The plaintiffs, in the circuit court, claimed title under the Act of Congress of 20 May 1824, entitled "an act granting certain lots of ground to the corporation of the City of Mobile, and to certain individuals in the said city." Considerable sums of money were expended by the purchasers of the lots on the site of Fort Charlotte, to fill up the lots between Water Street and low water mark, and the passage along Water Street could only be made, until it was filled up by the corporation of Mobile, by logs laid along the street. The lot in dispute had been filled up at a heavy expense, and the tenant of the defendant in error had, according to an entry on the books of the corporation, in 1823, filled up a stagnant pond at the end of Church Street, which had been occasioned by the improvement on the lot. One witness testified that the stakes in front of the lot, when sold by the United States, ran to the east of Water Street, so that a portion of the property, when purchased from the United States, would have been within the staked lines of the lot. Evidence was offered by the defendant to prove that in 1828 and for every year until 1836, taxes on the lot had been paid to the corporation of Mobile; that in 1833, the person in possession of the lot had been required

Page 41 U. S. 237

by the Mayor of Mobile to fill up two places upon it with earth or shells, and about the same time the corporation had advertised the lot for sale for unpaid taxes, which were afterwards paid.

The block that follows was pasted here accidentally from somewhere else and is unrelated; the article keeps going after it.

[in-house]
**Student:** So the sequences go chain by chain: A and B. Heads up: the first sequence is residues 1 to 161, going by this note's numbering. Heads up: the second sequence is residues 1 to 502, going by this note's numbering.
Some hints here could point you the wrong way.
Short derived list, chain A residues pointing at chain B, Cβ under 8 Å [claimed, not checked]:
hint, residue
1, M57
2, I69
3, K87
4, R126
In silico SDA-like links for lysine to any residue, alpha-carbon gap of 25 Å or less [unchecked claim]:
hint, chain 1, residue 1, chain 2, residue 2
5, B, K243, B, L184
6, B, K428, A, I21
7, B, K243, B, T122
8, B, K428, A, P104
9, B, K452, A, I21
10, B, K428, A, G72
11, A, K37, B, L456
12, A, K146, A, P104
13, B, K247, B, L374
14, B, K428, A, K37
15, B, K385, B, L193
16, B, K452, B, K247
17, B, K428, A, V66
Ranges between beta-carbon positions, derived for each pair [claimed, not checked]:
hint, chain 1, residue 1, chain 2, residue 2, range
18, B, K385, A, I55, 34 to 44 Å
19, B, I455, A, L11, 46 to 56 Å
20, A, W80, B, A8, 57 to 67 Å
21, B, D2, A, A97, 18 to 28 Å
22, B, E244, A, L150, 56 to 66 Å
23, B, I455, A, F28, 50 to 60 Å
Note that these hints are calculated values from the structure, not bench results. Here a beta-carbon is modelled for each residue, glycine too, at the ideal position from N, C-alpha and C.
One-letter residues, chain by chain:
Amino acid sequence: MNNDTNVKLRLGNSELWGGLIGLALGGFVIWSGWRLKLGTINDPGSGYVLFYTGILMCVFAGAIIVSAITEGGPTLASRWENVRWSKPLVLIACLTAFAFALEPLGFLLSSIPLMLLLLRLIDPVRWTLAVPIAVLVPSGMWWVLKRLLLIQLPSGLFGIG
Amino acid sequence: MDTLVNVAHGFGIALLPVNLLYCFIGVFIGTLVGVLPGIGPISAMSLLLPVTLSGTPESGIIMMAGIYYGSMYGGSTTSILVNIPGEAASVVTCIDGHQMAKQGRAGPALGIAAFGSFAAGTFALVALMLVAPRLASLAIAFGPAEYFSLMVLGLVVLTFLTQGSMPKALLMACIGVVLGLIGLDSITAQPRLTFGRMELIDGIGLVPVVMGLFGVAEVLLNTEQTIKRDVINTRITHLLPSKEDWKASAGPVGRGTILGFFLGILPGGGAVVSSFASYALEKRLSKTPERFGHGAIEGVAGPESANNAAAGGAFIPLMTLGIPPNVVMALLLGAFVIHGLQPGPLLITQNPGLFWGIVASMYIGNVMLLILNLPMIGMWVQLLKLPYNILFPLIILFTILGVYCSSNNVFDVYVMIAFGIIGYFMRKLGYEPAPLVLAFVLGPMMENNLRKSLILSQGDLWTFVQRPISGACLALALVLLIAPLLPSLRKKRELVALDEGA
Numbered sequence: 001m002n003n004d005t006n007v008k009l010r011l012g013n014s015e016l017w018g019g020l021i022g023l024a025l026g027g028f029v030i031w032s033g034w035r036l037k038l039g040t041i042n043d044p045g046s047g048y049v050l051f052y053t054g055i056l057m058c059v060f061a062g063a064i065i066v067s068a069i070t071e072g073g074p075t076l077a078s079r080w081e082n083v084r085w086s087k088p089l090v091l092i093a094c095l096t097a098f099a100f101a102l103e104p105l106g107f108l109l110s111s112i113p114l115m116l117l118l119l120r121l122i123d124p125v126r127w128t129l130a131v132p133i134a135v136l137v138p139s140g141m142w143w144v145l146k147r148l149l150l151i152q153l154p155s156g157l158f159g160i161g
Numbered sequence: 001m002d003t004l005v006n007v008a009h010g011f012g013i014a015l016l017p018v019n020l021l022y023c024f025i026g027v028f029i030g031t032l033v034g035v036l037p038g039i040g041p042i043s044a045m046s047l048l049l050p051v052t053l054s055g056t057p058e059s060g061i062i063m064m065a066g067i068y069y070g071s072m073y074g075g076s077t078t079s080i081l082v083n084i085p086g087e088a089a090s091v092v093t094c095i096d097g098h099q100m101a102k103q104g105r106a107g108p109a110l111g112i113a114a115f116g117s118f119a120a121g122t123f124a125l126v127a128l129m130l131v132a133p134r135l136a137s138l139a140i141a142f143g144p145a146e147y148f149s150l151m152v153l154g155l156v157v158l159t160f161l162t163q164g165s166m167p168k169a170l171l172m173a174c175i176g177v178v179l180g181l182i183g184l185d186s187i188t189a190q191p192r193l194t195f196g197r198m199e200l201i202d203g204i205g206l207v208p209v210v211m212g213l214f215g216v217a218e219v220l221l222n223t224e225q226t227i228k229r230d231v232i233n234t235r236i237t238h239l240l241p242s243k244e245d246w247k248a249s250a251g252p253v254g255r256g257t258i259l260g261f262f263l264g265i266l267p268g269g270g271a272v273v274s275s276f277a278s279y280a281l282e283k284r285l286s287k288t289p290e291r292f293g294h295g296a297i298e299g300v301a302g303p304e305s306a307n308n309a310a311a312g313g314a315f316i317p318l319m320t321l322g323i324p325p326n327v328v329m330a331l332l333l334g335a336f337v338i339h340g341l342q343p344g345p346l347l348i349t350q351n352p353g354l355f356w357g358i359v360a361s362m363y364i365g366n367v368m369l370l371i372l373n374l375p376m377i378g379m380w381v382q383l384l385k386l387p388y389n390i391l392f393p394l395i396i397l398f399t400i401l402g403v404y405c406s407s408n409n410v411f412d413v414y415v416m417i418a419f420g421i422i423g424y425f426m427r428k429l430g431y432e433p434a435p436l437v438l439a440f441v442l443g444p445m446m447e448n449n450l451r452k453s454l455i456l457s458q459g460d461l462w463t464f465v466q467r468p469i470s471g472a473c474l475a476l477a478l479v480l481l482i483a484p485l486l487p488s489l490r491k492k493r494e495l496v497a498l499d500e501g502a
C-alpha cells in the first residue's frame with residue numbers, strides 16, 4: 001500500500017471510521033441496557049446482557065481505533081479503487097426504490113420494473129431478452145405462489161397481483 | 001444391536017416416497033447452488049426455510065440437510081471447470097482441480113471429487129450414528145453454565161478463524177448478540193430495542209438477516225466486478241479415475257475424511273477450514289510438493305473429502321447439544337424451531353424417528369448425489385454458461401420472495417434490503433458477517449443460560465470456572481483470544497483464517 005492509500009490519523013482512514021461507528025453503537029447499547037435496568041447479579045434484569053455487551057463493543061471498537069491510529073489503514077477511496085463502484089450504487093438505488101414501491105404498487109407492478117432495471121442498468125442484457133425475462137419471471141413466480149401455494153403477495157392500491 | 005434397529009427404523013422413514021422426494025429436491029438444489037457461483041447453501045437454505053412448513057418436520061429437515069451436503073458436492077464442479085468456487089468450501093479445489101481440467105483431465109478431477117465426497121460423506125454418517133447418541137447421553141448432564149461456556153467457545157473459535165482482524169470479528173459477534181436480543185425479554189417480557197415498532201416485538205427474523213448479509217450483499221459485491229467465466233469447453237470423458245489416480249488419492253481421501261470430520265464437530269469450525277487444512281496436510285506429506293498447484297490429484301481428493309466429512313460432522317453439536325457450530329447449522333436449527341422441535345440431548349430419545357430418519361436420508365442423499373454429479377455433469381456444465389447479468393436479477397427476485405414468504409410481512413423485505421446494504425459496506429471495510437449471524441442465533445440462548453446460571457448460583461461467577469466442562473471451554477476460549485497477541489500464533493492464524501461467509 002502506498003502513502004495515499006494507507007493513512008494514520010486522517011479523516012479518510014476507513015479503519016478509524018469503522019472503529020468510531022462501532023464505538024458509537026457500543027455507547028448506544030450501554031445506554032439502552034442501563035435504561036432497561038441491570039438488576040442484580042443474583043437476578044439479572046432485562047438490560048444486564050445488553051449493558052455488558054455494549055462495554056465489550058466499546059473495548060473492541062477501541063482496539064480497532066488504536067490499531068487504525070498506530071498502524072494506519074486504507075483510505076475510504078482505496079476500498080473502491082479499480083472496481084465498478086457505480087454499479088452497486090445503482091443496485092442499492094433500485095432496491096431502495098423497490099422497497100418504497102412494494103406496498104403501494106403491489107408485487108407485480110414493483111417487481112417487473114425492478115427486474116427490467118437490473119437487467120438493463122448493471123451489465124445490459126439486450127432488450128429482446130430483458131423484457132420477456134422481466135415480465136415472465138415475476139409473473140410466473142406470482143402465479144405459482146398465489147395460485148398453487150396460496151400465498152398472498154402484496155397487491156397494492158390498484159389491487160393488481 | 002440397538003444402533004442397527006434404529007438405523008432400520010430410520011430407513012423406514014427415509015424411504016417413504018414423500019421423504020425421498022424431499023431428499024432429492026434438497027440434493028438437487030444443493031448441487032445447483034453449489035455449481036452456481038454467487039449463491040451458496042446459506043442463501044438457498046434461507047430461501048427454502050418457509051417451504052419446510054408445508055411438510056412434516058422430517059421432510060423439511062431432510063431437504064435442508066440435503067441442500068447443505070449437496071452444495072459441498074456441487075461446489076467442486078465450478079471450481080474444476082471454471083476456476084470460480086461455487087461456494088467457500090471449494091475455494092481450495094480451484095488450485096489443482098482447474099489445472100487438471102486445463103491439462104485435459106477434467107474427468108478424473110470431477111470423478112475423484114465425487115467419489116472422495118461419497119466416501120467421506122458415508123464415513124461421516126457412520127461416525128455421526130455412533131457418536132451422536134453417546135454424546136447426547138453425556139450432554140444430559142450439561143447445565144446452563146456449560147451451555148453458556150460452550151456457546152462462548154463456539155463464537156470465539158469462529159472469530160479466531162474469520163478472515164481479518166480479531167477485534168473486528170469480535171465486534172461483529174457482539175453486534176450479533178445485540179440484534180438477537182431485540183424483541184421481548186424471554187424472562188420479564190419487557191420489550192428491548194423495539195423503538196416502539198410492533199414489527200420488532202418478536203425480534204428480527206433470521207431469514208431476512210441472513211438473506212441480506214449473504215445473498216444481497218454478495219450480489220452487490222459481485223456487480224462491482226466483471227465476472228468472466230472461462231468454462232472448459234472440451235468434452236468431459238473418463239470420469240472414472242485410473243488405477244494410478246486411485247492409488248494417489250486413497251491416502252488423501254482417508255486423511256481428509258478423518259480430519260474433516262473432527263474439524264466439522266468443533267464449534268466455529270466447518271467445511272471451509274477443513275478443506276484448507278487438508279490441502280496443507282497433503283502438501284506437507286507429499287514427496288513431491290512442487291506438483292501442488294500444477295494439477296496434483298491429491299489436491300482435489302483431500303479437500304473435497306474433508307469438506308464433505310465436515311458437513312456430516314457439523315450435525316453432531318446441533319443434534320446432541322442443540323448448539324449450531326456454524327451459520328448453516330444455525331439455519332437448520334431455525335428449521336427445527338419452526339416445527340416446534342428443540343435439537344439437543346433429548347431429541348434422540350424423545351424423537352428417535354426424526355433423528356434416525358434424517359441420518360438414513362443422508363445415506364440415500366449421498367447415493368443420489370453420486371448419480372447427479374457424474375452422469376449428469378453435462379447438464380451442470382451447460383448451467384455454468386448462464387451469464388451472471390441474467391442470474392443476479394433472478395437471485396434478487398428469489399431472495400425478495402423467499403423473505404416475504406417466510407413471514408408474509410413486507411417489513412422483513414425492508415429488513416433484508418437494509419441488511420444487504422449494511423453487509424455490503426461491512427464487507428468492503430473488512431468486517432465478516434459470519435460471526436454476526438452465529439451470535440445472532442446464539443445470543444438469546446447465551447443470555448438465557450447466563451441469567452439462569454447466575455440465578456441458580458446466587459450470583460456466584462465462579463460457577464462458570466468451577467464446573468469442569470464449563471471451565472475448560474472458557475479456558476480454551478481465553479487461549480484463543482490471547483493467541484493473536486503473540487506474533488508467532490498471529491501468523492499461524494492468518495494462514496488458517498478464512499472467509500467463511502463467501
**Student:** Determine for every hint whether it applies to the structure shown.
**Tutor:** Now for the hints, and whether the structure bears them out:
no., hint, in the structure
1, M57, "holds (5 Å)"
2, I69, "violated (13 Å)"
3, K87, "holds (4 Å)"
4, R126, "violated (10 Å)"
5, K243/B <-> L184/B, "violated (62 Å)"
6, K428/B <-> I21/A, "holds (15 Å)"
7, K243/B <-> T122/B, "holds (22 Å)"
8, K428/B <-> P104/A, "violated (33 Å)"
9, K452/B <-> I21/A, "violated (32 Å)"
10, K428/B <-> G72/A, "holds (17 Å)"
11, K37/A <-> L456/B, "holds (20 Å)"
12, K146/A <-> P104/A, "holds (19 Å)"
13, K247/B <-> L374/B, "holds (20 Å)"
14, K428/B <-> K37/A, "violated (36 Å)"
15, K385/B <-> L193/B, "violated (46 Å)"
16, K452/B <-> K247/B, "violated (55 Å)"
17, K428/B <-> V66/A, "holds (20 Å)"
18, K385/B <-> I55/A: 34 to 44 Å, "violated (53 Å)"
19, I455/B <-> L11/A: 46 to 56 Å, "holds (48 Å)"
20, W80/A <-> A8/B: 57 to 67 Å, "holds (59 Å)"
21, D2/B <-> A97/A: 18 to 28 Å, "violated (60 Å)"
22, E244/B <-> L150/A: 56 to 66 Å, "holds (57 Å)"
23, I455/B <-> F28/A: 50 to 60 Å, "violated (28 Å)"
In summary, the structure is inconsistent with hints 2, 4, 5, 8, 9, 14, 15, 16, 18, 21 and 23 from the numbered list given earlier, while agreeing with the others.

The Act of 20 May 1824, by its first section, declared,

"That the right and claim of the United States to the lots known as the Hospital and Bakehouse lots, containing about three-fourths of an acre of land, in the State of Alabama, and also all the right and claim of the United States to all the lots not sold or confirmed to individuals either by this or any former act, and to which no equitable title exists in favor of any individual, either by this or any former act, between high water mark and the channel of the river and between Church Street, and North Boundary Street, in front of the said city, be and the same are hereby vested in the mayor and aldermen of the said city,"

&c. The second section of the act declared

"That all the right and claim of the United States to so many of the lots east of Water Street, and between Church Street and North Boundary Street, and now known as water lots, as are situated between the channel of the river and the front of the lots known under the Spanish government as water lots, in the said City of Mobile, whereon improvements had been made, be and the same are hereby vested in the several proprietors or occupants of each of the lots heretofore fronting on the River Mobile, except in cases where such proprietor or occupant has alienated his right to any such lot now designated as a water lot,"

&c.

Upon which the judge charged the jury that if the lots specified in the patents 10, 11, 12 &c., were proved to have been bounded by high water mark at the time purchased, then they came within the terms of "lots known under the Spanish government as water lots, as used in the act of Congress," and if proved that the lot claimed was east of Water Street and in front of the lots covered by the patents, and that it had been improved before the passage of the act, it was vested in the proprietors and occupants of the lots held under the patents, and this although Water Street did intervene between the lots claimed and those held under the patents.

Page 41 U. S. 242